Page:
My generation has seen that history does repeat itself. We know world wars I and II and we have seen “regime change” in action from country to country, from Libya to Iraq. Those who think that history does not repeat itself might read some of these lines about what once happened and what is happening today.
Lately we have been hearing a great deal about “blowback.” But the real menace we face today is global rollback. The goal of conservative rulers around the world, led by those who occupy the seats of power in Washington, is the systematic rollback of democratic gains, public services, and common living standards around the world.
While walking through New York’s Little Italy, I passed a novelty shop that displayed posters and T-shirts of Benito Mussolini giving the fascist salute. When I entered the shop and asked the clerk why such items were being offered, he replied, “Well, some people like them. And, you know, maybe we need someone like Mussolini in this country.” His comment was a reminder that fascism survives as something more than a historical curiosity.
Remarks at Hiroshima-Nagasaki Commemoration at Peace Garden at Lake Harriet, Minneapolis, Minn., Aug. 6, 2017
Thank you for inviting me to speak here. I’m grateful and honored, but it is not an easy task. I’ve spoken on television and to large crowds and to important big shots, but here you are asking me to speak to hundreds of thousands of ghosts and billions of ghosts in waiting. To think about this subject wisely we must keep all of them in mind, as well as those who tried to prevent Hiroshima and Nagasaki, those who survived, those who reported, those who forced themselves to remember over and over in order to educate others.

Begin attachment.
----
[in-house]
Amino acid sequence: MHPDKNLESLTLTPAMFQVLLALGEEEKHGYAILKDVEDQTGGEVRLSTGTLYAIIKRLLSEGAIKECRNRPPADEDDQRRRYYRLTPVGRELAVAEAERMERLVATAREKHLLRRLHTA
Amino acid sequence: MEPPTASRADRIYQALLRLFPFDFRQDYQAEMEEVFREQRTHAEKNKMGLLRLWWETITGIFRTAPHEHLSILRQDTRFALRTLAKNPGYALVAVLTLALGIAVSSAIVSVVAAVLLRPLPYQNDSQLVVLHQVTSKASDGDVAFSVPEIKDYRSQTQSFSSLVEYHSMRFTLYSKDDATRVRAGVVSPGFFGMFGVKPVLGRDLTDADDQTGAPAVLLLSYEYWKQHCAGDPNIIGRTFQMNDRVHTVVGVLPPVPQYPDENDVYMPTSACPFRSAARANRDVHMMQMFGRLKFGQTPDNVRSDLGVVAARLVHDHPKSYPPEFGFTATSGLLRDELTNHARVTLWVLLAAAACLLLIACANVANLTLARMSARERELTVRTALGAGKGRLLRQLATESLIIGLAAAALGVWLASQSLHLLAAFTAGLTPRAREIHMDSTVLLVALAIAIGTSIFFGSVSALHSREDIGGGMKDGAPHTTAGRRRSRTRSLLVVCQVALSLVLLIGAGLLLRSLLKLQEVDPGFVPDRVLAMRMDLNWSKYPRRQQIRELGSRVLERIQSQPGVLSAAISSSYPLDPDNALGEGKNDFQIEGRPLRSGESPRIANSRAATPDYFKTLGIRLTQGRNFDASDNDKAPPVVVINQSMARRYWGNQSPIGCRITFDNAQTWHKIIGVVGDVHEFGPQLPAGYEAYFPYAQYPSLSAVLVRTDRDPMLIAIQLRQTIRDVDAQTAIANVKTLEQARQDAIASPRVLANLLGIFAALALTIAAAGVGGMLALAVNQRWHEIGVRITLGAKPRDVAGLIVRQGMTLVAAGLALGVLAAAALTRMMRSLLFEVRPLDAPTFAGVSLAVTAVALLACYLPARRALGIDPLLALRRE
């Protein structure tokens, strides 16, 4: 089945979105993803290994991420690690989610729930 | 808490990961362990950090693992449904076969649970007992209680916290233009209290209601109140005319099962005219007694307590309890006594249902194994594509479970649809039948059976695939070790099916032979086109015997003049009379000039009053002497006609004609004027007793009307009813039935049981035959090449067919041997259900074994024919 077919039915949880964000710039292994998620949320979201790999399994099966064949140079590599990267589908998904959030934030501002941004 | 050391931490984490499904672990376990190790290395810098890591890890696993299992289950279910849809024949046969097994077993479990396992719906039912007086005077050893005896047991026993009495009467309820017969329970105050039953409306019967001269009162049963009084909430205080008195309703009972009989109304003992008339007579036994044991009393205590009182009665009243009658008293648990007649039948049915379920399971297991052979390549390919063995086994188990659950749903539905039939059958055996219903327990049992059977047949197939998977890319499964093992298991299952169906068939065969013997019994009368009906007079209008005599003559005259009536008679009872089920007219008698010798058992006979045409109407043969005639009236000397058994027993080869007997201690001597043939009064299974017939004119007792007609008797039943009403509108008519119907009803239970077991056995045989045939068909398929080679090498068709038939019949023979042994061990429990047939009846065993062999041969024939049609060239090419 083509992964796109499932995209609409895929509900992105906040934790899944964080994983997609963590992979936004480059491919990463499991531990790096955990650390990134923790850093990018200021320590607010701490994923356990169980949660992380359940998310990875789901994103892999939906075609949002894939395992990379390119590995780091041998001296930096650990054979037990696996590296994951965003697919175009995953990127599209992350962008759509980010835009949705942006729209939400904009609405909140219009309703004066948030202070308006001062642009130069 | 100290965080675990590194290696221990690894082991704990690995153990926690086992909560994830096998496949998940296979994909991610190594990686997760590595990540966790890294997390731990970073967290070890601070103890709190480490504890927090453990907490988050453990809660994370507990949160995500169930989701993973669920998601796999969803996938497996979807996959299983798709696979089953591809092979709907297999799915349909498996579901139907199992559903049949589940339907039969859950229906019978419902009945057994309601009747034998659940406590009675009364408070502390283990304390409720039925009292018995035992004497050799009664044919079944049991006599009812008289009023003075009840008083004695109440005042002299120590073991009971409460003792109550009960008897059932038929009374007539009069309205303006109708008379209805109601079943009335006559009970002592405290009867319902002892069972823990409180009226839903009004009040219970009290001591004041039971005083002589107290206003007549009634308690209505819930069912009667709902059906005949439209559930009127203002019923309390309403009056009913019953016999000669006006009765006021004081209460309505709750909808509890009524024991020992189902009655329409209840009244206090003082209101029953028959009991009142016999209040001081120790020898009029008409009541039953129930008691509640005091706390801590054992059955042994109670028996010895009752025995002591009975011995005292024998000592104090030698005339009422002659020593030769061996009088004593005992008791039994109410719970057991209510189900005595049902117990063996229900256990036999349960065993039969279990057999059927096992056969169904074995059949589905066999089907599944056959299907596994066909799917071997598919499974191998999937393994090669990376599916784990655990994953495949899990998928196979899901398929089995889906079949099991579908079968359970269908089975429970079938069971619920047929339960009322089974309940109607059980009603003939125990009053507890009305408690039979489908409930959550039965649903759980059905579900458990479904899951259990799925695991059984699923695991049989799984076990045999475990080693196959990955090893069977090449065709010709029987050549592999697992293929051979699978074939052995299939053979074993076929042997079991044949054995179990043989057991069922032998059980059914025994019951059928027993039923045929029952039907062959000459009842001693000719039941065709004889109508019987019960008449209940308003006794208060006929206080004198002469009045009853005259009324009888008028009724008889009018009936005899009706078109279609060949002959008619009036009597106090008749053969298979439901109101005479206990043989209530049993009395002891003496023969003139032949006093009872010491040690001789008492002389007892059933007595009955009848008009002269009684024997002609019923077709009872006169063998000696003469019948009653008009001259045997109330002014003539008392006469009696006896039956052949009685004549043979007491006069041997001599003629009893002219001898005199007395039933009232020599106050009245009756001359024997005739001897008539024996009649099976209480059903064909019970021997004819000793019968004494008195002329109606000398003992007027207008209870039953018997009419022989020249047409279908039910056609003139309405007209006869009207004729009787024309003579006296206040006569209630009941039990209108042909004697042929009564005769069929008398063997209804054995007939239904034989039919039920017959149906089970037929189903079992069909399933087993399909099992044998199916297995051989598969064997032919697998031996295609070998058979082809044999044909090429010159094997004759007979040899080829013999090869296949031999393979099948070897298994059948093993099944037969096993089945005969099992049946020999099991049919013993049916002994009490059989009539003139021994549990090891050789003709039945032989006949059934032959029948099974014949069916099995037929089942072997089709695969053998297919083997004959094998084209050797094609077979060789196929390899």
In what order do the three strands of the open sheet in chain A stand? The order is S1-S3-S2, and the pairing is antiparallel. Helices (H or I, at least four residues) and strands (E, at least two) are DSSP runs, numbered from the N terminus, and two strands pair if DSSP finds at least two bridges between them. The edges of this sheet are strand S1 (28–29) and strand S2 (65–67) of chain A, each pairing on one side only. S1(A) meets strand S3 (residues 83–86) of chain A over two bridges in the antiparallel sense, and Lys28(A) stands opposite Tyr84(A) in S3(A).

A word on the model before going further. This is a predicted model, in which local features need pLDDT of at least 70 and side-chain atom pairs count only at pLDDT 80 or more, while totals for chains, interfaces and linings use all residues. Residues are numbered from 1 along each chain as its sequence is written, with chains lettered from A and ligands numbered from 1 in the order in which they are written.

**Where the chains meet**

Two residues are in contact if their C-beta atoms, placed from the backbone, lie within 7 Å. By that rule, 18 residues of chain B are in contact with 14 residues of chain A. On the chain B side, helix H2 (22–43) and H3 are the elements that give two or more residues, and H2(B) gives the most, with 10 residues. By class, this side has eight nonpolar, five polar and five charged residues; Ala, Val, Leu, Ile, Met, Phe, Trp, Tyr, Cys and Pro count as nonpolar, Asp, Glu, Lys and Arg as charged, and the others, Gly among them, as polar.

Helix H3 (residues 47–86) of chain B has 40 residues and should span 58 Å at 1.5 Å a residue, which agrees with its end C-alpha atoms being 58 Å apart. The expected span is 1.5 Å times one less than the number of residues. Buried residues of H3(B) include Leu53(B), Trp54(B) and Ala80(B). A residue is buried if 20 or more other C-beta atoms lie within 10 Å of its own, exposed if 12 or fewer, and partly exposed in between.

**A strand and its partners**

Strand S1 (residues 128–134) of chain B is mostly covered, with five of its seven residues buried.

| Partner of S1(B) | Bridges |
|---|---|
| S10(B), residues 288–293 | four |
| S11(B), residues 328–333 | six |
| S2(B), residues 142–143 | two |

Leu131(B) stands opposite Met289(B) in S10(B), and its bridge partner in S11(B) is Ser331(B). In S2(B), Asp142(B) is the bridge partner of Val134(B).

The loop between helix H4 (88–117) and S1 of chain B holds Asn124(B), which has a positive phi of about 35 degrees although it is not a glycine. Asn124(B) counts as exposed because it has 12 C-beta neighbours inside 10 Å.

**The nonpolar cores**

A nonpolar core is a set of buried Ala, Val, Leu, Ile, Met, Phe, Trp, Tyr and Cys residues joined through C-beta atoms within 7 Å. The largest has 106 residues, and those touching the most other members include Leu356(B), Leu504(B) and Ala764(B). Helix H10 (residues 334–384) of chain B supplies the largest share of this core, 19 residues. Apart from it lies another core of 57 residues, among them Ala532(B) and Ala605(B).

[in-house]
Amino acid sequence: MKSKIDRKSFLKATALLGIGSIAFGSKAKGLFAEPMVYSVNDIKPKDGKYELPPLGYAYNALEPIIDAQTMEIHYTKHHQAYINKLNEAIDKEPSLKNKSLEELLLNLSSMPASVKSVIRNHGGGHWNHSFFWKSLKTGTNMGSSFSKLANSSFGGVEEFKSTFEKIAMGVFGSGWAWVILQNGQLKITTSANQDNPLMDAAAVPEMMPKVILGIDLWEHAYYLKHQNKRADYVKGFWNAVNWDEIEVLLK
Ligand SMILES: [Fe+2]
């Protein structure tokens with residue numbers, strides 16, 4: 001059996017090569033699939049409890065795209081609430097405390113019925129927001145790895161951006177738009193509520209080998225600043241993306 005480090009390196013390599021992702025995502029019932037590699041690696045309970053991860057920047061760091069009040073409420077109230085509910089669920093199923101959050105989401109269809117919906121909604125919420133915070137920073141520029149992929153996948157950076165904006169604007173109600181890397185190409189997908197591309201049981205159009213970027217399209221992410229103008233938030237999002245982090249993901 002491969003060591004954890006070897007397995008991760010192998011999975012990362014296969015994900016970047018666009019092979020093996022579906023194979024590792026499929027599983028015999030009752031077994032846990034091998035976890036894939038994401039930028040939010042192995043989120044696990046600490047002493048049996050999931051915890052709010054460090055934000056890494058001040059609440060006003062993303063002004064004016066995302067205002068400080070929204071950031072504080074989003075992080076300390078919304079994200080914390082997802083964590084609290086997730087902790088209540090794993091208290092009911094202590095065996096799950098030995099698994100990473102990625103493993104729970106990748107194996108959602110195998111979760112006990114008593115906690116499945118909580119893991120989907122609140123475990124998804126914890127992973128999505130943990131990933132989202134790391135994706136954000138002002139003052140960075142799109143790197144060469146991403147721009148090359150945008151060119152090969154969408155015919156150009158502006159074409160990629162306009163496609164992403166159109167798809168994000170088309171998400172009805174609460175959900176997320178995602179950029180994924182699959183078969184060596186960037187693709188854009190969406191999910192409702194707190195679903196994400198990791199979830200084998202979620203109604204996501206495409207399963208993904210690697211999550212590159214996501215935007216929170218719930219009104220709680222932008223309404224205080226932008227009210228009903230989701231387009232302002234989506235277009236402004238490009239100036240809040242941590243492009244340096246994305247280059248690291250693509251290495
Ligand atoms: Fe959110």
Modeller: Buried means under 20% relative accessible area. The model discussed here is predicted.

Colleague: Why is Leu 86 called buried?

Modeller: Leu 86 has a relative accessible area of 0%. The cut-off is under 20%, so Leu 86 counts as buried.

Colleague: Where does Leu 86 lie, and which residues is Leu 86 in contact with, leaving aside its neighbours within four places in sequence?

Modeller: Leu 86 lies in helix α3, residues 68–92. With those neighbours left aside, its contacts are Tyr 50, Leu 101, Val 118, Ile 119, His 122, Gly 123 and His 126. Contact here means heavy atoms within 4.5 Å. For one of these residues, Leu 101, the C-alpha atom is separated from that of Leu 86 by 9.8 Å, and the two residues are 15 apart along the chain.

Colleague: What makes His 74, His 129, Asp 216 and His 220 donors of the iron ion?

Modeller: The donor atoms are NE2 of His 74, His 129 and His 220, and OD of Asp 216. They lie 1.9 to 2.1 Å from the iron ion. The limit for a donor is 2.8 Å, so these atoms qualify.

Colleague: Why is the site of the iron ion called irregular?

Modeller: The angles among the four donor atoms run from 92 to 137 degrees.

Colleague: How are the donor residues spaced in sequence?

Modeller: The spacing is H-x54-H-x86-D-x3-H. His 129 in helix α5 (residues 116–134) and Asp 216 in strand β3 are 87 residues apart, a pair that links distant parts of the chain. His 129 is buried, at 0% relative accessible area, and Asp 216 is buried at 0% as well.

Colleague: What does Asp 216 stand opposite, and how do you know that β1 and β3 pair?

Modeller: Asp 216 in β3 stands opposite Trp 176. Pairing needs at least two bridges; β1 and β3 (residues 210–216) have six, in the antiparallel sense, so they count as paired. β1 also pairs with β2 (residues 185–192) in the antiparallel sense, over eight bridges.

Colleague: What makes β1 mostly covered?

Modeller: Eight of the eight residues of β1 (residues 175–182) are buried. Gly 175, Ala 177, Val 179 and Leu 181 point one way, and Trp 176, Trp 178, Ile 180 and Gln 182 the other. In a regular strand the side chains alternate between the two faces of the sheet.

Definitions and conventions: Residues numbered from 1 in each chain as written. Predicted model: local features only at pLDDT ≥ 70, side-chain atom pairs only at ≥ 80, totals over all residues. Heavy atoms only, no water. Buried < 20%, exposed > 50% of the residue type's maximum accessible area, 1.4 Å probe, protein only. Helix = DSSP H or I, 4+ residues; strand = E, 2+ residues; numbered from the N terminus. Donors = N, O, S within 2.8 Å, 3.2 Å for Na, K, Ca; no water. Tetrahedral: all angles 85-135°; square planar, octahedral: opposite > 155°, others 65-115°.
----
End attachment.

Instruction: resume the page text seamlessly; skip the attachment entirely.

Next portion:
Mohsen Abdelmoumen: Your book Conjuring Hitler received a laudatory criticism of our friend Peter Dale Scott. Moreover, I share the view of this great intellectual on the fact that this book is essential in the work of historical research. How did you arrive at conclusions against the flow of the historians of the establishment, namely that Hitler was made by the United States and Great Britain and that World War II was inevitable?
After decades of delaying, the United Nations finally released archives from the Second World War-era war crimes commission investigating the Nazi Holocaust. The source of those archives on Nazi war crimes were Western governments, including those in exile at the time of the war, such as the Belgian, Polish and Czechoslovakian. The time period covered is 1943-1949. Washington and London had long sought to halt the release. Why?
Pearl Harbor Day today is like Columbus Day 50 years ago. That is to say: most people still believe the hype. The myths are still maintained in their blissful unquestioned state. “New Pearl Harbors” are longed for by war makers, claimed, and exploited. Yet the original Pearl Harbor remains the most popular U.S. argument for all things military, including the long-delayed remilitarization of Japan — not to mention the WWII internment of Japanese Americans as a model for targeting other groups today. Believers in Pearl Harbor imagine for their mythical event, in contrast to today, a greater U.S. innocence, a purer victimhood, a higher contrast of good and evil, and a total necessity of defensive war making.